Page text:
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  • While ghrelin s role in addictive behaviors


    While ghrelin's role in addictive behaviors has been most extensively explored with alcohol, ghrelin has also been implicated in biobehavioral substrates of other drugs of abuse. For example, preclinical experiments suggest that GHS-R1a blockade may improve nicotine [155,156], opioids [[157], [158], [159], [160]], and stimulants [116,[161], [162], [163], [164]] use outcomes. These findings across various drugs of abuse further highlight the prominent role of the ghrelin system in modulating neurobiological mechanisms that underlie drug addiction. As such, further work on the potential role of the ghrelin system, and other feeding-related pathways, in substance use disorder is warranted. It is also important to note ghrelin closely interacts with a myriad of metabolic and stress-related Isotretinoin receptor (e.g., leptin, insulin, glucagon-like peptide-1, cortisol) that have been shown to contribute to the pathophysiology of AUD and other substance use disorders [[165], [166], [167], [168], [169], [170], [171], [172], [173], [174], [175]]. Therefore, ghrelin's effect on addictive behaviors and alcohol-related outcomes may be, in part, mediated through cross-talk with these other neuroendocrine effectors.
    Funding This work was supported by NIH intramural funding ZIA-AA000218 (Section on Clinical Psychoneuroendocrinology and Neuropsychopharmacology; PI: Dr. Lorenzo Leggio), jointly supported by the NIAAA Division of Intramural Clinical and Biological Research and the NIDA Intramural Research Program.
    Conflict of interest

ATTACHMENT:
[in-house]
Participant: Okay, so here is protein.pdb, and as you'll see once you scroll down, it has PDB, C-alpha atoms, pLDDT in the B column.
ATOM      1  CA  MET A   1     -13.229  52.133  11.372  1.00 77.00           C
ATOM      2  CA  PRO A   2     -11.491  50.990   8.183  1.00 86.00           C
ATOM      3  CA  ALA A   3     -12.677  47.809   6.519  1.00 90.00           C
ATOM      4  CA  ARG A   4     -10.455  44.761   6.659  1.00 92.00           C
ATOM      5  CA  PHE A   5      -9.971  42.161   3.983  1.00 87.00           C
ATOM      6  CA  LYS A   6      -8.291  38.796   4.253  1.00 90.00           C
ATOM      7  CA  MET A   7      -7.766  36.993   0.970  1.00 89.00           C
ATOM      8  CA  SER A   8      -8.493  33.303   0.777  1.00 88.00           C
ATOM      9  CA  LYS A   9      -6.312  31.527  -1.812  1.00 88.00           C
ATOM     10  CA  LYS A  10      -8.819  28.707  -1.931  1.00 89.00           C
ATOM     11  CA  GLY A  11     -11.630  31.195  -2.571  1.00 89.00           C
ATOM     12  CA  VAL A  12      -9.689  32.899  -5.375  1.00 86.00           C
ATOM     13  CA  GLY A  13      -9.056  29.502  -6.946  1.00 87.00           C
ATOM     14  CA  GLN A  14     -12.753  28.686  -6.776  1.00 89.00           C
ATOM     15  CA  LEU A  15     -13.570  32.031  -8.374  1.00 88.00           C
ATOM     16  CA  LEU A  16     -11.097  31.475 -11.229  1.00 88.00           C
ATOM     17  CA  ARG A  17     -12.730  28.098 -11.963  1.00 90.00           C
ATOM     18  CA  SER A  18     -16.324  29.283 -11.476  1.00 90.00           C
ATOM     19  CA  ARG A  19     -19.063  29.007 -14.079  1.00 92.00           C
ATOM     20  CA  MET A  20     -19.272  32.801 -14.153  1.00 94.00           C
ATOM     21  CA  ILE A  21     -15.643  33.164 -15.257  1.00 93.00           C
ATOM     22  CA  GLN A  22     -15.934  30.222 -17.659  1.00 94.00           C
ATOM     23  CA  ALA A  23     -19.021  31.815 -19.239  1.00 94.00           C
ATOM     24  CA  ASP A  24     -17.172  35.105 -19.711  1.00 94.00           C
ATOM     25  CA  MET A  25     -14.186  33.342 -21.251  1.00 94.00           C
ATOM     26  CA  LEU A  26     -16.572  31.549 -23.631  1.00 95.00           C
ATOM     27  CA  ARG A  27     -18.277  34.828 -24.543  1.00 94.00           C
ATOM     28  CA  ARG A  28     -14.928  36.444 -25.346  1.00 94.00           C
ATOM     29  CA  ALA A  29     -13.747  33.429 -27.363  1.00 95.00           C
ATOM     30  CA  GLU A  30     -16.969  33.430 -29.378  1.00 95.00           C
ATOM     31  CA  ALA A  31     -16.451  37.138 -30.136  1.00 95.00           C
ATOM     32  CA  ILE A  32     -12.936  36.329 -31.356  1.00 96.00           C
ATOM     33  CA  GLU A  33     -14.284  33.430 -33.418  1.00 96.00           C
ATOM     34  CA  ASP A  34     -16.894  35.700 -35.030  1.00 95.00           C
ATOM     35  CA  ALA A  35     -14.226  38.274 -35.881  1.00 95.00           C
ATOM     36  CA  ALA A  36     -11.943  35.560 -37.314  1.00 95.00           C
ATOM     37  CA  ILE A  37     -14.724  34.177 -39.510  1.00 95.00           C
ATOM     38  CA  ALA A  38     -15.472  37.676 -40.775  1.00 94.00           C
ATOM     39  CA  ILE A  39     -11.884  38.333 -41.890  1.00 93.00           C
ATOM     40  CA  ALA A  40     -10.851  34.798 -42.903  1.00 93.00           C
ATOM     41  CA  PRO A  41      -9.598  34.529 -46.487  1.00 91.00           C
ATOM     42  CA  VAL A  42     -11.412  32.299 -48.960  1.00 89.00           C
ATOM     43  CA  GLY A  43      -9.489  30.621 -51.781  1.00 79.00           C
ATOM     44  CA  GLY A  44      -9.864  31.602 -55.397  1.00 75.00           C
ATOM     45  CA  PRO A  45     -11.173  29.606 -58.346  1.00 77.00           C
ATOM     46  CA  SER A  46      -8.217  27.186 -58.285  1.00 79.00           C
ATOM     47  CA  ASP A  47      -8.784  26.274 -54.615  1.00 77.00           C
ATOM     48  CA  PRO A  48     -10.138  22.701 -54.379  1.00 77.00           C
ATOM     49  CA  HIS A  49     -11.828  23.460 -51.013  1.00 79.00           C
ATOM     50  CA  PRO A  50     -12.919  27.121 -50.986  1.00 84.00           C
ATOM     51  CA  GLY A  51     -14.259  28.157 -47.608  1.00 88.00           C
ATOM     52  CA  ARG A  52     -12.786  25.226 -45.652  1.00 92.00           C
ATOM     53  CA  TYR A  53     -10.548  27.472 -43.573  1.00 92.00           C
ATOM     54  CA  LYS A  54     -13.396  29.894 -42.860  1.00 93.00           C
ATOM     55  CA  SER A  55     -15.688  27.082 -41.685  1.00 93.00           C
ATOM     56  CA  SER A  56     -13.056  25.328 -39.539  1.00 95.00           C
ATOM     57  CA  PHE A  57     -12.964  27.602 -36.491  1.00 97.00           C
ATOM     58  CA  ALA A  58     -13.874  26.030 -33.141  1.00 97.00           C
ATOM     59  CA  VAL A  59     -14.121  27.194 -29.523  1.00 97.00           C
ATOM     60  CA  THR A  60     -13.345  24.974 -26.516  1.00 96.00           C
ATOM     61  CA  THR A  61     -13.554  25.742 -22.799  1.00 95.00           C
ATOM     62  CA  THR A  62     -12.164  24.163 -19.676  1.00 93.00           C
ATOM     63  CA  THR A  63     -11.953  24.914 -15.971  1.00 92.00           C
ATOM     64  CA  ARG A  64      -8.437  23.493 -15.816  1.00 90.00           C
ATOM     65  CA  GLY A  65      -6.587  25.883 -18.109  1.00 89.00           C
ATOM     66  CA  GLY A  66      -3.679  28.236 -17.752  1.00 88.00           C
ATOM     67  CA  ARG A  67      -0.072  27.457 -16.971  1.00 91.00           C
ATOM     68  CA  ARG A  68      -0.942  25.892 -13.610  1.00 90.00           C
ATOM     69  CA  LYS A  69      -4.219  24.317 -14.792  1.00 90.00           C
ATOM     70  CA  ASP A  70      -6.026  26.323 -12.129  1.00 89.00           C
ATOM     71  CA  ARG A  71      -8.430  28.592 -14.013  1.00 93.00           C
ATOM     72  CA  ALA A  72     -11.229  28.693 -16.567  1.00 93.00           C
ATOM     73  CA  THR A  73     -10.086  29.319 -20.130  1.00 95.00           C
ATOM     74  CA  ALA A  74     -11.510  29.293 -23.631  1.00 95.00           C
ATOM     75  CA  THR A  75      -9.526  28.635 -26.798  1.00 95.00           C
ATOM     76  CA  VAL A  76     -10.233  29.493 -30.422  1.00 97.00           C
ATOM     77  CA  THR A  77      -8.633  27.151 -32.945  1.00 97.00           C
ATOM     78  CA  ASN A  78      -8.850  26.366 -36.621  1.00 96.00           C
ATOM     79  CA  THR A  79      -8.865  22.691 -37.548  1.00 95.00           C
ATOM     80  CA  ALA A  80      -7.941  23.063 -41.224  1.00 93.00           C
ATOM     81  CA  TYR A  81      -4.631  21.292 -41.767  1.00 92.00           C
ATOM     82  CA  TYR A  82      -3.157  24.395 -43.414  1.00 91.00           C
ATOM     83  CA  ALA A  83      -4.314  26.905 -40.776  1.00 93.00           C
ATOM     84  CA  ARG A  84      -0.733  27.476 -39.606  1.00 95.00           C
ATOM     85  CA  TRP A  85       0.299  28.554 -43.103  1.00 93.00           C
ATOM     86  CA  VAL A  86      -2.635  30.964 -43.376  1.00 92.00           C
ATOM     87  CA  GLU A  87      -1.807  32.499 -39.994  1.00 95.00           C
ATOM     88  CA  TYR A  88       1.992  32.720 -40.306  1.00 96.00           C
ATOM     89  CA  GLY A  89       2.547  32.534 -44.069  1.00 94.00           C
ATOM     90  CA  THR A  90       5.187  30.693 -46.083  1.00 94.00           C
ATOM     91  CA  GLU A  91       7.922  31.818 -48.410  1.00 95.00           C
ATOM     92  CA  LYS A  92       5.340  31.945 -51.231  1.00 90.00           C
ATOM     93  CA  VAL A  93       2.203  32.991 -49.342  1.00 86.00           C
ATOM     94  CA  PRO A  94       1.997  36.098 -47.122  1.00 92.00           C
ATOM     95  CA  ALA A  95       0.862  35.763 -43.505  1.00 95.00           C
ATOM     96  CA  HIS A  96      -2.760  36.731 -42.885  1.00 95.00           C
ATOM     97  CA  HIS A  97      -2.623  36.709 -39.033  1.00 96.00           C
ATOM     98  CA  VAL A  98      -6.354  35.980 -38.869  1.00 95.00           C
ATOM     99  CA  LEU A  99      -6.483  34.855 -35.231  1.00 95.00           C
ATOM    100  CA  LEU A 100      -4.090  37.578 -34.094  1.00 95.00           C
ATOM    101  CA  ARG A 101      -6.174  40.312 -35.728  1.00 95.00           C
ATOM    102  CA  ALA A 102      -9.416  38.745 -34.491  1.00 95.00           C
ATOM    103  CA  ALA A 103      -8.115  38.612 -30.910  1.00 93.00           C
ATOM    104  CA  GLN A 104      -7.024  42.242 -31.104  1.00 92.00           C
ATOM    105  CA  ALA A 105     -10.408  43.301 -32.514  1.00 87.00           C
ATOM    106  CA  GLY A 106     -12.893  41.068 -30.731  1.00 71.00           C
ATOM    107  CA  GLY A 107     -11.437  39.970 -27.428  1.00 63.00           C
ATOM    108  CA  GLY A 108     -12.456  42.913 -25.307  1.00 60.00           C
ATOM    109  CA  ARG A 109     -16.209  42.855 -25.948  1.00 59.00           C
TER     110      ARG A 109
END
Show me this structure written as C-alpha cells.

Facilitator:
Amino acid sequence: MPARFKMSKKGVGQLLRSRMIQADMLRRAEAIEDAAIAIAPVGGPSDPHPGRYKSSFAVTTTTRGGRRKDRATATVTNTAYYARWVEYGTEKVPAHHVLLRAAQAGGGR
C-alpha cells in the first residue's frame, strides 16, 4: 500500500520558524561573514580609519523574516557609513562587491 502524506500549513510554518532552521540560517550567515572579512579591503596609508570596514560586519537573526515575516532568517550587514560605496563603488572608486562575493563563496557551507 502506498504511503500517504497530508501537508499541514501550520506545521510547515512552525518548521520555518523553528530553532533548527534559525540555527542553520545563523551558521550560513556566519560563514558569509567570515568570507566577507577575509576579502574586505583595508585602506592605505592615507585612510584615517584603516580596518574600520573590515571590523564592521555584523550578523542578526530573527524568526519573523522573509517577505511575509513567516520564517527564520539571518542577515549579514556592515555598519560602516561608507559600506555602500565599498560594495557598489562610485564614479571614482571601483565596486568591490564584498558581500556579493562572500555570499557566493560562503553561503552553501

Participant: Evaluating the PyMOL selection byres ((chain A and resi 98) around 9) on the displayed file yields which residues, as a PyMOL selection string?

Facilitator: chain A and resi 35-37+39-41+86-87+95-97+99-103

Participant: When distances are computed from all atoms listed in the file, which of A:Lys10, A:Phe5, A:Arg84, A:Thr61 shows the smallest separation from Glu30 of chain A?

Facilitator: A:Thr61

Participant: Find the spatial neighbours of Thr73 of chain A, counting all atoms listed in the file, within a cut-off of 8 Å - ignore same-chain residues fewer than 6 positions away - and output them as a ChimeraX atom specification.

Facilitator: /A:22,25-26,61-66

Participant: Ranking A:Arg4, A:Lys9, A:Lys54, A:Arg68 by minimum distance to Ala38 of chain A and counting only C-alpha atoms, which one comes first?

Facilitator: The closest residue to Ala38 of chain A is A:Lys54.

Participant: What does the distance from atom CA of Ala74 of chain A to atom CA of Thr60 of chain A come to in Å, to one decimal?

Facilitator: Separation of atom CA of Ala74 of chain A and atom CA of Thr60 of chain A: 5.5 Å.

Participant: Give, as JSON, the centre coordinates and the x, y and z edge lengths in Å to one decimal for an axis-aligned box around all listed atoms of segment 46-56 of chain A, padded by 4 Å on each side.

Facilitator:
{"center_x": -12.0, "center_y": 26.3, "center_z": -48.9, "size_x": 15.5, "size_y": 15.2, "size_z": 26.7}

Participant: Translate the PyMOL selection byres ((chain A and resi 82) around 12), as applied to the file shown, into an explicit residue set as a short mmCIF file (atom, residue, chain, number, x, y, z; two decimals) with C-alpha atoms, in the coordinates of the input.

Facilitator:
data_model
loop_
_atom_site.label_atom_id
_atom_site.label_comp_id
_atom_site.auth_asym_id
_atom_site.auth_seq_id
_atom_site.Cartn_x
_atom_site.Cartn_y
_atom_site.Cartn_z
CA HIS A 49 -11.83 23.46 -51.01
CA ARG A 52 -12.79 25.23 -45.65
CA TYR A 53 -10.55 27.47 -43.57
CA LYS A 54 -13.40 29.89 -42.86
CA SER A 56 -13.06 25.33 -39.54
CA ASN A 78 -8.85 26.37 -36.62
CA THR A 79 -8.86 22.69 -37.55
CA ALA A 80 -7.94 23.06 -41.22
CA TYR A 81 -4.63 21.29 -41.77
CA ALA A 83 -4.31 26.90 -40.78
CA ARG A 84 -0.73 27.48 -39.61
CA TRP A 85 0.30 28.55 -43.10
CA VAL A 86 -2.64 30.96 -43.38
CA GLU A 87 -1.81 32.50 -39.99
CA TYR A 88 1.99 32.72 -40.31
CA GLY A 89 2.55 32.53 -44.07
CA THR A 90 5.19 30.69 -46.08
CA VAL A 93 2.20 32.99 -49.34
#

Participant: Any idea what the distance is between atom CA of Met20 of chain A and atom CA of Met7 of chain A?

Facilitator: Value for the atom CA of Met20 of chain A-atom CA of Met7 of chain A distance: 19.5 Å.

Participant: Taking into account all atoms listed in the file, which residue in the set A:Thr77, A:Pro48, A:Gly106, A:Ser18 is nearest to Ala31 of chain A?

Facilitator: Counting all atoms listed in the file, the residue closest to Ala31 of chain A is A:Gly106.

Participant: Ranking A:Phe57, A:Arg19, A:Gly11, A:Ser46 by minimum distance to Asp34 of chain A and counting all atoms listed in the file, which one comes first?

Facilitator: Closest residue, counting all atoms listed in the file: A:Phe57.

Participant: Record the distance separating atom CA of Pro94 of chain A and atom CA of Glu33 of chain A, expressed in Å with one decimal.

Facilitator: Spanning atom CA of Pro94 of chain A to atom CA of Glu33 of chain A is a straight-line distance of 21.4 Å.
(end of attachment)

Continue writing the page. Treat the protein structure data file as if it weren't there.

Introduction Feeding is a complex and multifaceted behavior that often occurs in the absence of metabolic need. Decisions about feeding, such as when to eat, what to eat, and how much to eat, are strongly rooted in learned associations between environmental cues, interoceptive cues (e.g., hunger, satiety), and the sensory properties of specific foods (e.g., flavor, palatability) (Cornell et al., 1989, Davidson et al., 2014, Halford et al., 2004, Holland et al., 2002, Kanoski and Grill, 2017). Social cues, in particular, are potent environmental regulators of feeding behavior. For example, studies show that people often consume more food when in groups compared to eating alone, a phenomenon known as the “social facilitation of feeding” (Herman, 2015). Social cues can also reduce food consumption depending on social-derived norms and the context (Herman et al., 2003). In rodents, a behavioral paradigm known as the “Social Transmission of Food Preference” (STFP) has been widely used to examine social food-related learning. In this task learned associations formed between a socially-transmitted olfactory food cue (e.g. food odor detected from another animal) have a robust effect on an animal's subsequent food preferences (e.g. preference for the food associated with the odor smelled on the other animal's breath) (Brightwell et al., 2005, Countryman and Gold, 2007, Countryman et al., 2005, Galef et al., 2005, Galef and Whiskin, 2003, Gold et al., 2011, Hegde et al., 2016, Matta et al., 2017). Using a rodent model to better understand the neural substrates that facilitate STFP and other learned aspects of feeding behavior is an important step towards elucidating the neurobiological pathways controlling higher-order aspects of food intake and body weight regulation. The stomach-derived hormone ghrelin is emerging as a possible biological mechanism that links learning, memory, and ingestive behaviors (Cone et al., 2015, Hsu et al., 2016). Traditionally known as a “hunger” hormone, recent data suggest that ghrelin might be more aptly described as a conditioned, meal-anticipatory hormone. This notion is supported by findings that circulating ghrelin secretion can be entrained in both rodents and humans, resulting in conditioned cephalic responses through which ghrelin levels rise prior to an anticipated meal (Cummings et al., 2001, Drazen et al., 2006, Frecka and Mattes, 2008). Research has also demonstrated that ghrelin signaling modulates feeding in response to discrete conditioned food cues (e.g., lights, tones) (Dailey et al., 2016, Kanoski et al., 2013) and animals with transgenic ghrelin receptor (GHSR-1A) deletion show a lack of meal anticipatory behaviors in response to either circadian or environmental conditioned food cues (Blum et al., 2009, Davis et al., 2011, Lamont et al., 2014, Walker et al., 2012). Considering the important role of ghrelin signaling on learned feeding responses, it is feasible that ghrelin signaling in the brain might also regulate feeding behaviors stimulated by learned, social-related food cues.